For those who recall the introduction of my piece Celiac in College: The Silent Struggles, you know that the college dining hall can quickly turn into a nightmare for celiac students. Cross contamination abounds, and unclear ingredient labeling adds to the hassle of mealtime.
Thanks to a new arrangement with my dining manager, my meals have transformed from risky endeavors to stress-free social time. Starting this spring semester, I email my meal orders in advance to have a chef safely prepare my plate in the back of the kitchen, free from the horrors of cross contamination. I highly recommend that students attending schools without dedicated gluten-free serving areas try to coordinate an accommodation similar to mine.
If this is not feasible, however, hope is not lost. My first semester I used the food lines as a normal student, and I picked up a few tips along the way. Here are some of my best tips and strategies on how to effectively tackle the college dining hall with celiac disease.
The salad bar is your friend
The fresh vegetables and hearty add-ons of the salad bar foster the ideal environment to dodge both gluten exposure and the “freshman fifteen.” The salad bar served as a dependable option that always promised variety. Broccoli, beans, grilled chicken, baby carrots and hummus became staples in my diet. Also, the salad bar lies far away from the hot food line, which hosts the majority of cross-contamination culprits. While the salad bar served as a safe haven for me, this tip only holds true if the croutons are isolated from the rest of the ingredients (which was the case at my school).
We love fruit!
Most dining halls serve plenty of desserts, including cakes, cookies and soft serve ice cream. While the baked goods are not gluten free, the soft serve ice cream machine might not be the best option either. I have witnessed far too many students obliviously brushing their cones against the spout of the machine, ruining the possibility of soft serve for celiac students.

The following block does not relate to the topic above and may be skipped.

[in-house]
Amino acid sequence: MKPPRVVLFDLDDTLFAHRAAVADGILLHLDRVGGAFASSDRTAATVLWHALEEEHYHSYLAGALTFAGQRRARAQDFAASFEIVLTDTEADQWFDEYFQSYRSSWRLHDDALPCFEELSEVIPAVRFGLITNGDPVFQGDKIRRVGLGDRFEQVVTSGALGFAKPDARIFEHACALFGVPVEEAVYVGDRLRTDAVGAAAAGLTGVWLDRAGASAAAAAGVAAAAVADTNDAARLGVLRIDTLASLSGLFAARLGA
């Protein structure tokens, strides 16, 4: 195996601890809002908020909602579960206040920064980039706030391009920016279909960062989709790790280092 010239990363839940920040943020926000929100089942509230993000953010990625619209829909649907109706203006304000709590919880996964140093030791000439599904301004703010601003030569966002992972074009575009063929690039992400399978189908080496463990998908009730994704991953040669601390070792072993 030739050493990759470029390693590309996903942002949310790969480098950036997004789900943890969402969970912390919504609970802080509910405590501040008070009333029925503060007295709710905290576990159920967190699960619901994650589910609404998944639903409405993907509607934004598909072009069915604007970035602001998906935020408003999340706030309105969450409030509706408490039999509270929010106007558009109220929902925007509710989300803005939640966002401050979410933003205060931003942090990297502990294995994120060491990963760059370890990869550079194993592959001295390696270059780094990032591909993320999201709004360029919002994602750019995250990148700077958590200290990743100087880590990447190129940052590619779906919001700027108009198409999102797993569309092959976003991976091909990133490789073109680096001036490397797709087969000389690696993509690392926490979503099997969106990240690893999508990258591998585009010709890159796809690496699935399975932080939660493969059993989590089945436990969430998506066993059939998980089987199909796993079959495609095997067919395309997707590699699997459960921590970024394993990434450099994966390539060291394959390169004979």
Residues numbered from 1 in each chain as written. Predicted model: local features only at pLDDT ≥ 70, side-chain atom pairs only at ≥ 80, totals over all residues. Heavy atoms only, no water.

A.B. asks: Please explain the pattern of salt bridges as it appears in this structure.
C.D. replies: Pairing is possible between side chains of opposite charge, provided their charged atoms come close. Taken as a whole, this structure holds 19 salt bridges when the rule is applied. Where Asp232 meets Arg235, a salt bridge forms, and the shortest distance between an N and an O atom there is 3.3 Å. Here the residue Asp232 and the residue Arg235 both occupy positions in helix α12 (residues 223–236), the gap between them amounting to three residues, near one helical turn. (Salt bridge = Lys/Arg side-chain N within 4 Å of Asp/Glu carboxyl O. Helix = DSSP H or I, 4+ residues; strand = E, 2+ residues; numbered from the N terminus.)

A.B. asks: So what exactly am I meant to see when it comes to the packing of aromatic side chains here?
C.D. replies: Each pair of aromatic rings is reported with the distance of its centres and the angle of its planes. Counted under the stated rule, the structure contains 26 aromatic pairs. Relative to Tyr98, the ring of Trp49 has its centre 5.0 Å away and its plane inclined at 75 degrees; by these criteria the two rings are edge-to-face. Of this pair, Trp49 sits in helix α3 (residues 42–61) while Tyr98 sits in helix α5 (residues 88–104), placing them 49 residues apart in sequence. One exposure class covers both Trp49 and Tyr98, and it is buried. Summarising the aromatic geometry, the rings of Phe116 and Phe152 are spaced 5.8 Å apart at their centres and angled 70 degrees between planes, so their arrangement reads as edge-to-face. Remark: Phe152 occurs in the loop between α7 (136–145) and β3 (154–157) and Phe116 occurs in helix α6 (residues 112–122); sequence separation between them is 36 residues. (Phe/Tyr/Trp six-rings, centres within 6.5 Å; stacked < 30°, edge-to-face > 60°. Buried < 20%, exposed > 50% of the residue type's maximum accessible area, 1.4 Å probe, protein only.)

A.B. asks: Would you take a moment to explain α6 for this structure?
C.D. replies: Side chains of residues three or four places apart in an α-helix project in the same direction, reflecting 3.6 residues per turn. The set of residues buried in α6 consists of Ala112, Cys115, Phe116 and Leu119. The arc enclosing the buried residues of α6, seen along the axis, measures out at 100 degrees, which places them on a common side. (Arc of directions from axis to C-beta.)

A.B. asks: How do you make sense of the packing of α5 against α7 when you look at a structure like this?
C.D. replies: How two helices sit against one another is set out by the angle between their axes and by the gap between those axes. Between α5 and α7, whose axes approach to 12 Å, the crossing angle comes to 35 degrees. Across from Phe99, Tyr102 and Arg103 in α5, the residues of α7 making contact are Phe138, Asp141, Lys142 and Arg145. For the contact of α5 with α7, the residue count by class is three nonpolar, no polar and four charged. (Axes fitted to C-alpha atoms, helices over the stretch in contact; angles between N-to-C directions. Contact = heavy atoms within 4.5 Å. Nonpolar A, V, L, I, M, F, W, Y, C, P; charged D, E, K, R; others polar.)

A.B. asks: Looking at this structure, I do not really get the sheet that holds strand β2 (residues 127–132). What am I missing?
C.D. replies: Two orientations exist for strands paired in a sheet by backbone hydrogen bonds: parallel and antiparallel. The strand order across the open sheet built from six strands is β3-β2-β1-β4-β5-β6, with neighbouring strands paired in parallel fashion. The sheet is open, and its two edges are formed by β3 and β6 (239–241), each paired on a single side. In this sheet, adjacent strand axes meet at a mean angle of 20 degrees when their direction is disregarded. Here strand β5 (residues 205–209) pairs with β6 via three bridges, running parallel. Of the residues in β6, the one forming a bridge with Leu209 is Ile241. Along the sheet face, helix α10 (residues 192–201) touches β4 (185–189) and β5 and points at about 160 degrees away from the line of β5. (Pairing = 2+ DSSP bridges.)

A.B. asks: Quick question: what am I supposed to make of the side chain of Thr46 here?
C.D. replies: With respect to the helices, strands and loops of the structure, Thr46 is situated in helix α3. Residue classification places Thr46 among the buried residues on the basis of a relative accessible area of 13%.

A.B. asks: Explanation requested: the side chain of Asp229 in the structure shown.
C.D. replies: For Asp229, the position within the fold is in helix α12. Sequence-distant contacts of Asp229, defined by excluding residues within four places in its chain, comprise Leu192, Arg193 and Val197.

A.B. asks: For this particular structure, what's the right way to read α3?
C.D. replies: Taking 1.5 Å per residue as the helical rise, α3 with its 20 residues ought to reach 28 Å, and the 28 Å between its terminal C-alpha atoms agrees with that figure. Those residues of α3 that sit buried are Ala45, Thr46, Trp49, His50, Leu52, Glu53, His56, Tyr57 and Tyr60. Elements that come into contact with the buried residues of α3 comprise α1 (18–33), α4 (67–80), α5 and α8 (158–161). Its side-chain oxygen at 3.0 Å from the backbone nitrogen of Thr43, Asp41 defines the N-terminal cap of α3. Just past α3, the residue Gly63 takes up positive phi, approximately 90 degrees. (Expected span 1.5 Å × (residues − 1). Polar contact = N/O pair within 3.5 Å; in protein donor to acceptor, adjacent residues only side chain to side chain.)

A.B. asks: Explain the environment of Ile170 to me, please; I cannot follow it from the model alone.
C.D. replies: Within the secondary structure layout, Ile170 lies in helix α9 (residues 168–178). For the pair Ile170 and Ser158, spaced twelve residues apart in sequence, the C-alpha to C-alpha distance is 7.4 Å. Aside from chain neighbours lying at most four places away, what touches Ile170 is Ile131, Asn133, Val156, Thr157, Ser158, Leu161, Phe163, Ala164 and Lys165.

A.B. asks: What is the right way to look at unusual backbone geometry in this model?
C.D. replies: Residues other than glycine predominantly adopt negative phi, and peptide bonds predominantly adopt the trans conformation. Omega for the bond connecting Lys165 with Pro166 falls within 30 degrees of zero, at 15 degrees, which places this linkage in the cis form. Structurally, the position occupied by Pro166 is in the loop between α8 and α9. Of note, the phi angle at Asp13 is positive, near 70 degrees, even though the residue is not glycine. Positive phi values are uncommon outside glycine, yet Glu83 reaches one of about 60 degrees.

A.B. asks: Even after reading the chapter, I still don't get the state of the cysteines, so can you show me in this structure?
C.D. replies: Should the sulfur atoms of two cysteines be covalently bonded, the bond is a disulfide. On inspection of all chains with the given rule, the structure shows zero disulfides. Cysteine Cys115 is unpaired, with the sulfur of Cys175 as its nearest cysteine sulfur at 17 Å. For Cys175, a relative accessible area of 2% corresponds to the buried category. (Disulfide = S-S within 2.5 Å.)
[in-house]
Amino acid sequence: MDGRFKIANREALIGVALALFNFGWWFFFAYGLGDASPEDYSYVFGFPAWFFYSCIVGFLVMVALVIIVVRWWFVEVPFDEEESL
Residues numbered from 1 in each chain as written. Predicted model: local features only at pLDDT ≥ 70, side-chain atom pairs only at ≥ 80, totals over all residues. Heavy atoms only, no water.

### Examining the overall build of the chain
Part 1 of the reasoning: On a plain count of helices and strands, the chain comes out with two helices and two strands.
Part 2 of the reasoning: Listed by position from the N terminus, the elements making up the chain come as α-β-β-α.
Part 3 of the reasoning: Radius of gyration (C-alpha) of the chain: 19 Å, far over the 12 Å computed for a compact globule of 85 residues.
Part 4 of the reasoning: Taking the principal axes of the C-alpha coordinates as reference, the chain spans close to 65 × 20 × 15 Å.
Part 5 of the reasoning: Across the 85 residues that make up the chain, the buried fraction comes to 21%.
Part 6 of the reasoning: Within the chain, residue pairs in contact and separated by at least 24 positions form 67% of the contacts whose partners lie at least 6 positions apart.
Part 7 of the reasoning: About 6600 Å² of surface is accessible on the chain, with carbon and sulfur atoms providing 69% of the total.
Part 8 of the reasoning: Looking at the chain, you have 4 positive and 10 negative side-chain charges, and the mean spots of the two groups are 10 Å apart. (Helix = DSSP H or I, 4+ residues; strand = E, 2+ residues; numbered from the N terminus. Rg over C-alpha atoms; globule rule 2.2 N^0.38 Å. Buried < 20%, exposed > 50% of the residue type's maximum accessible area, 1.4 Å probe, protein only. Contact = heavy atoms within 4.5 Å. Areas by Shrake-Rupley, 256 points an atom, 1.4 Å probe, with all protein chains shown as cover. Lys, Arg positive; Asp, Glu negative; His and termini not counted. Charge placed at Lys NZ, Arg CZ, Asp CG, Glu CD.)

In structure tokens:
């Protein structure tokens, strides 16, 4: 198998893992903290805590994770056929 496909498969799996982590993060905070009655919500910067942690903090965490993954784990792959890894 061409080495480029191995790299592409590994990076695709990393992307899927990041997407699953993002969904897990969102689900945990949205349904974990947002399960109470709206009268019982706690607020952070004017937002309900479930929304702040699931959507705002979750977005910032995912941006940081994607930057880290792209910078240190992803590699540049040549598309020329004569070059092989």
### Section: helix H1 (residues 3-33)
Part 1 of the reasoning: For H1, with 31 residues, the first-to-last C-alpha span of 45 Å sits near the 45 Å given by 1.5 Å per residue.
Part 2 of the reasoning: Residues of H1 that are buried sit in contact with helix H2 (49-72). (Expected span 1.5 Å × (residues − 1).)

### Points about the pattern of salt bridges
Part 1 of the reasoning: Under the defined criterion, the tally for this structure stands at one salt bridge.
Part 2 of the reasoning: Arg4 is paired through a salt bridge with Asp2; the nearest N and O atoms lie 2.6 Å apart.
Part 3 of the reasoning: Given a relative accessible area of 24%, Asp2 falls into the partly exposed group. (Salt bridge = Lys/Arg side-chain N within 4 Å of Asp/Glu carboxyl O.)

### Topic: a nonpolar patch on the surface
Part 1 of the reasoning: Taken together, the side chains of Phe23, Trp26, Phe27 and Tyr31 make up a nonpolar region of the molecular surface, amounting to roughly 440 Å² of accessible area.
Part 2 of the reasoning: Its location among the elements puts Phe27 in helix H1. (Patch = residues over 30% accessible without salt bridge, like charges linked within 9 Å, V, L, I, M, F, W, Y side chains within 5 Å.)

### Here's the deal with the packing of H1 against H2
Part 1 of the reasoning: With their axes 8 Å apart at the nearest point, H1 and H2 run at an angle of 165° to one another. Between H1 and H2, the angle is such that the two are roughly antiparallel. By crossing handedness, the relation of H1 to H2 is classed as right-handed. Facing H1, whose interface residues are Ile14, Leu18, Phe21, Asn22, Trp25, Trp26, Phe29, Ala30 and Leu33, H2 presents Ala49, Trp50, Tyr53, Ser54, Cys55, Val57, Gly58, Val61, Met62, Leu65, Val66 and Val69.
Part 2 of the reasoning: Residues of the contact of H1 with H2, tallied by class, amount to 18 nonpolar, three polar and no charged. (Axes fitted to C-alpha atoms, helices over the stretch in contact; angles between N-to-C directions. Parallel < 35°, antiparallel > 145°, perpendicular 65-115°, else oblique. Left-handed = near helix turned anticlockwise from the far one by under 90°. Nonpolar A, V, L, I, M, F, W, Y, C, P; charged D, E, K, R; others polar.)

Luckily, whole fruit serves as an excellent option for those who are looking for dessert substitutes or something sweet to add to their meal. My favorite dining hall fruits are pears, plums and grapefruits, but most schools also offer the timeless favorites of apples, oranges and bananas. I make it a habit to grab one or two pieces of fruit as a snack for later on in the day. If I have to pay for a meal plan, I might as well maximize its utility.
Keep it simple and accessorize with condiments
My dining hall always has a station with plain brown rice, which proved to be an excellent filler food for days that lacked other gluten-free options. Brown rice, grilled chicken and the aforementioned salad bar staples form a balanced, satisfying meal. However, this can begin to taste bland after awhile.
While it may be tempting to try some of the more exciting entrees and sides, the over-processed nature of dining hall foods means that there’s likely plenty of gluten hiding in the prepared dishes. I found that it was safest for me to load up on simpler foods and then turn to the spice rack to experiment with different seasonings and sauces. I really love spicy food, so hot sauce became my best friend last semester. I learned that if you add enough hot sauce to subpar food, you can only taste hot sauce!
Inspect your plates & silverware
My school’s notoriously subpar dishwashing system often leaves remnants of food from the previous meal on silverware and dishes. I quickly developed the habit of checking my plates and forks to ensure the absence of food residue, and I encourage you to do the same. Everybody could benefit from this habit, gluten free or not.
Originally from Salado, Texas, Kayla Manning is a first-year student at Harvard. Following her diagnosis with celiac disease in 2013, she maintained a strict gluten-free diet with relative ease through her junior high and high school years. However, college life posed unfamiliar challenges and she struggled to adjust to her new dining situation. She hopes that sharing her experiences can help others with their transition to gluten-free dining in college.